The Biggest Changes In The Year Since NJ Sports Betting Went Live

Posted By Martin Derbyshire on June 13, 2019 - Last Updated on October 9, 2020

The launch of legal sports betting has proven to be a game changer for the state of New Jersey.

The Monmouth Park Racetrack and Borgata Hotel Casino & Spa both opened retail sportsbooks one year ago, on June 14, 2018, and nothing has been the same since.

Over the past year, the number of retail sportsbooks quickly grew to 10. Many of the temporary sportsbooks opened in 2018 have been replaced by permanent operations.

Plus, sports betting in NJ has moved increasingly online.

DraftKings Sportsbook was the first online and mobile sportsbook to launch in NJ when it went live on Aug. 6, 2018. There are now no less than 14 NJ sports betting websites and mobile apps. Plus, at least another half a dozen preparing to go live.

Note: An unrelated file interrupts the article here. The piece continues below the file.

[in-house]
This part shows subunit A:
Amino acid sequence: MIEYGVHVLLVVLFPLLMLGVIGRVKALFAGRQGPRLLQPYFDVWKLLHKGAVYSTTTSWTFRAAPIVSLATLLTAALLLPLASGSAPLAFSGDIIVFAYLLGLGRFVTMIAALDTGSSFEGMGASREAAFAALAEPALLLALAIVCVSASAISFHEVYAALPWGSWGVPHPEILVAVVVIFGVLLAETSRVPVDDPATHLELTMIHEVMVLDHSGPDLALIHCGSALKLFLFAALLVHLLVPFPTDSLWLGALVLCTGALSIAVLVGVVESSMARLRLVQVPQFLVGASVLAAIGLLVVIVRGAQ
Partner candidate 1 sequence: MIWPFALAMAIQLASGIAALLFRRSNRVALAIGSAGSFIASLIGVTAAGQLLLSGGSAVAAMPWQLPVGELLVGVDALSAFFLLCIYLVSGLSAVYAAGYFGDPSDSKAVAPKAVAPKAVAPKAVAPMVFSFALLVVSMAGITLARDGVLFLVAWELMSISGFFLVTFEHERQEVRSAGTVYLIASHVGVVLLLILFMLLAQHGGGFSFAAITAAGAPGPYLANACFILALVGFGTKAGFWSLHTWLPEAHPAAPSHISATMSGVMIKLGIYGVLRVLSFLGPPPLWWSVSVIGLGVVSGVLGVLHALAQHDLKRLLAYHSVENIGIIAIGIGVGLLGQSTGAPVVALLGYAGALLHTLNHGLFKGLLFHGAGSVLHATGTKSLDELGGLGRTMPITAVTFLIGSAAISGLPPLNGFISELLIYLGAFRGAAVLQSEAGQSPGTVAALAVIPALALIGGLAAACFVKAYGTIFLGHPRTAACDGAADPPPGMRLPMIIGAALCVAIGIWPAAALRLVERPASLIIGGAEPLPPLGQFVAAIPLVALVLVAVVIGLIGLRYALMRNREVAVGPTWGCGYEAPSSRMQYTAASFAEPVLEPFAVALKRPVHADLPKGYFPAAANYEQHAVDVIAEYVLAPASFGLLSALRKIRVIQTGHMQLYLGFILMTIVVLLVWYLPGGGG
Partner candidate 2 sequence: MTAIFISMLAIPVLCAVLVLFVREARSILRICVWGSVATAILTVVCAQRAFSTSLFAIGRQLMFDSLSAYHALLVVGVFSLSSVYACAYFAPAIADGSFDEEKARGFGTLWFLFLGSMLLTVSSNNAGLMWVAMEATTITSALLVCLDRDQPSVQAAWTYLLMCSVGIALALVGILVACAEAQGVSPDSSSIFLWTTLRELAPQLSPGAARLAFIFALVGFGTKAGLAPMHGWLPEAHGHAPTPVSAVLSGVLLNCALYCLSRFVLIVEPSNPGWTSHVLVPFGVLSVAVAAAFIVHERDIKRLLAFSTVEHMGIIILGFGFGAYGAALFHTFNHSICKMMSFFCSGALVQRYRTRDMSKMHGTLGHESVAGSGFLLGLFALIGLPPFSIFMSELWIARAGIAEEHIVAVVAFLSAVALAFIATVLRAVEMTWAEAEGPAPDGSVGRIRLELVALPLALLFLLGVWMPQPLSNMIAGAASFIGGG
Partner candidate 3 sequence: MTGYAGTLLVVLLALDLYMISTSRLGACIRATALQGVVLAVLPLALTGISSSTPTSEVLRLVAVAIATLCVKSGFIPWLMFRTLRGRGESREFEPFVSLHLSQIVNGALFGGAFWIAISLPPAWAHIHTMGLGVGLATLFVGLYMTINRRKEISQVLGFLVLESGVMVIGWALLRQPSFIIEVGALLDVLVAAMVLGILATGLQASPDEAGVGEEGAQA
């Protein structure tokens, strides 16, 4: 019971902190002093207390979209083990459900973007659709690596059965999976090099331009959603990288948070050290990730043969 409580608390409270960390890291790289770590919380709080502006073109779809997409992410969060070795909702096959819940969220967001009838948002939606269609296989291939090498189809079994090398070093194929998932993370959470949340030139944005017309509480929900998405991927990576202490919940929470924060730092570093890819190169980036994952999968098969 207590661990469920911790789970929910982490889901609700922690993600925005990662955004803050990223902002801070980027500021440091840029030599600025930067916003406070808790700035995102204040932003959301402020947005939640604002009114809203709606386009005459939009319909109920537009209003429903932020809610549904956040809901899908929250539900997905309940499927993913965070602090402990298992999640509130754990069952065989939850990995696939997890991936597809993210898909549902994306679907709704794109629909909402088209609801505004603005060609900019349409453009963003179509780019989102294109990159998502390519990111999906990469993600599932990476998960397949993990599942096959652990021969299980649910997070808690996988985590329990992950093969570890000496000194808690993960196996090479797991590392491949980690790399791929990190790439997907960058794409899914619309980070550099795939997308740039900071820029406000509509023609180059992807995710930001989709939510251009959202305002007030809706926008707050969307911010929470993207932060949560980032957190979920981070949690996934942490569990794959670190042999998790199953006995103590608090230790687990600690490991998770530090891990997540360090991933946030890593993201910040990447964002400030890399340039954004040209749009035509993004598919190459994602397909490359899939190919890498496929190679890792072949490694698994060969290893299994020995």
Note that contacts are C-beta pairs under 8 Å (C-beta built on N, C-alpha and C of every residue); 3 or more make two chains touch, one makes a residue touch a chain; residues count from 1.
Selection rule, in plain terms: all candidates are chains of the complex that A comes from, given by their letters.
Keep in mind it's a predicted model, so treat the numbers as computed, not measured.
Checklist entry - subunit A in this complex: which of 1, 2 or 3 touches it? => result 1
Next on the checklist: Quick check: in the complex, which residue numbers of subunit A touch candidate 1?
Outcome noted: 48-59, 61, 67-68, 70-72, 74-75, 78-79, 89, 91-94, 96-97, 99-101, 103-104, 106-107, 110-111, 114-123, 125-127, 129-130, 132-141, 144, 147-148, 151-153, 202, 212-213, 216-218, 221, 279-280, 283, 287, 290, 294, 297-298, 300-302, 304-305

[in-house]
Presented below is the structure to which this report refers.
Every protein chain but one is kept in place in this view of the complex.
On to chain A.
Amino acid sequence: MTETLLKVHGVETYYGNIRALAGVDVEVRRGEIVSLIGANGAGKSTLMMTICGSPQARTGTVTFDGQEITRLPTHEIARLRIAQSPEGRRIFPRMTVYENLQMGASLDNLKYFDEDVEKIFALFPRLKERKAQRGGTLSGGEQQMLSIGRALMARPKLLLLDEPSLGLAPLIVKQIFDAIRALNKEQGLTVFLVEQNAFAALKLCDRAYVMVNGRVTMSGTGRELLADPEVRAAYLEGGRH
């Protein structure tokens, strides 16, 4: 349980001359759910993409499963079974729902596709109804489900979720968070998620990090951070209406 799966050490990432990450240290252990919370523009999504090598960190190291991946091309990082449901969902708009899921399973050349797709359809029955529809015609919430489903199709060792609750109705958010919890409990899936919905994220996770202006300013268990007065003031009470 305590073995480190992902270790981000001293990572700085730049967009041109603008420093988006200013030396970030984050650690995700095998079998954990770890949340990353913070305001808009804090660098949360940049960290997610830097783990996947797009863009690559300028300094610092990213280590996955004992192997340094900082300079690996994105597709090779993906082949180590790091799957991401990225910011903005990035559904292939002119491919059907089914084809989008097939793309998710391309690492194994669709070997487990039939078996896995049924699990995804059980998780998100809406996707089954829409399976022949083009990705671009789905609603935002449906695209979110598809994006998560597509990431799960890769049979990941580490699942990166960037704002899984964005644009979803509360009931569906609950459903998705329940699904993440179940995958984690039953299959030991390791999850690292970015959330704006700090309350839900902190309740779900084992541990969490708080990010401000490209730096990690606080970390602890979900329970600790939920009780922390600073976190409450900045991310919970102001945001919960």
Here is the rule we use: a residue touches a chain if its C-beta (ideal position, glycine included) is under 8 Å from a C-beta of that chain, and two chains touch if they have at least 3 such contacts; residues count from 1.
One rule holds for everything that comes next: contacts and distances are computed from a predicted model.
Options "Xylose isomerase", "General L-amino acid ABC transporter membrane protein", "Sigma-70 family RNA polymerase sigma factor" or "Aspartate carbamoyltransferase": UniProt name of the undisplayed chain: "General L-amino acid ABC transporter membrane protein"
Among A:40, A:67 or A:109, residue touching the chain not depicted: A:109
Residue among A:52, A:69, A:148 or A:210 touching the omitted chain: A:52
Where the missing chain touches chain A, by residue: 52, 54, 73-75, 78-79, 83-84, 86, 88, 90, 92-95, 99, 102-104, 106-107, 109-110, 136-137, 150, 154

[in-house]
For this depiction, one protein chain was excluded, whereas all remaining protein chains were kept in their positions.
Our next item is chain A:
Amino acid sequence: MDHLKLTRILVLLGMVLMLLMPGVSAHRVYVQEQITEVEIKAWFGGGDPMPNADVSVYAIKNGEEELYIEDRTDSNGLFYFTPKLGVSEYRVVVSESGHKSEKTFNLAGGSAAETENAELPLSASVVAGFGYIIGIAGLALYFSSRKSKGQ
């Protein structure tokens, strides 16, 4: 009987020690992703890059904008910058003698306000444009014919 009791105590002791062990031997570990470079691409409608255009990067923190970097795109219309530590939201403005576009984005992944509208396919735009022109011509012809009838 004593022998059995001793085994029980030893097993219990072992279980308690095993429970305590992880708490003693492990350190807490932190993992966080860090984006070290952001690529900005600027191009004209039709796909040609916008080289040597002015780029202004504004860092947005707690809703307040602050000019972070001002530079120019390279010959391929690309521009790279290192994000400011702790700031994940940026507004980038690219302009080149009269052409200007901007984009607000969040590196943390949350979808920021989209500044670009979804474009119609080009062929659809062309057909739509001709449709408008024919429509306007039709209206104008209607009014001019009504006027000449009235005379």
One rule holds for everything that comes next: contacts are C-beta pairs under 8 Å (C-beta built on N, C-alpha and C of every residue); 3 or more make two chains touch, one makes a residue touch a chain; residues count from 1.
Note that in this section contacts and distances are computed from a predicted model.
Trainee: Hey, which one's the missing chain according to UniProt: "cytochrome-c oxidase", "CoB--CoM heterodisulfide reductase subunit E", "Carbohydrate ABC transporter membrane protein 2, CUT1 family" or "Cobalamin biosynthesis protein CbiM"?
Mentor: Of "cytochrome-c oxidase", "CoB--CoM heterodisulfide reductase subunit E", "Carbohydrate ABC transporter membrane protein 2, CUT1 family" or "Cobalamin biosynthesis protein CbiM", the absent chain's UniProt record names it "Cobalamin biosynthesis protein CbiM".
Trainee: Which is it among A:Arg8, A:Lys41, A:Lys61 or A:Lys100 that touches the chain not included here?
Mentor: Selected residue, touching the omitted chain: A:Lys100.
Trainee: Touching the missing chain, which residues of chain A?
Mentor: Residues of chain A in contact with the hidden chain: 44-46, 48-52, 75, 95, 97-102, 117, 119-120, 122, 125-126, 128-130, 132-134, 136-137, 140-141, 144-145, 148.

Additionally, online and mobile sports betting now makes up more than 80 percent of the NJ market. A market that didn’t exist 366 days ago, but has since seen more than $2.9 billion in bets placed through May 2019 and generated better than $194 million in revenue.

Certainly, a lot has changed over the past 12 months.

However, none of the changes have been more significant than this list of the top five things that have changed in NJ since the advent of legal sports betting:

1. Business is booming in AC

Sports betting hasn’t exactly turned Atlantic City back into the vacation destination it once was.

However, the revenue numbers prove people are heading to America’s Playground more now than they have over the past decade. Plus, legal sports betting has proven to be a big part of the reason why.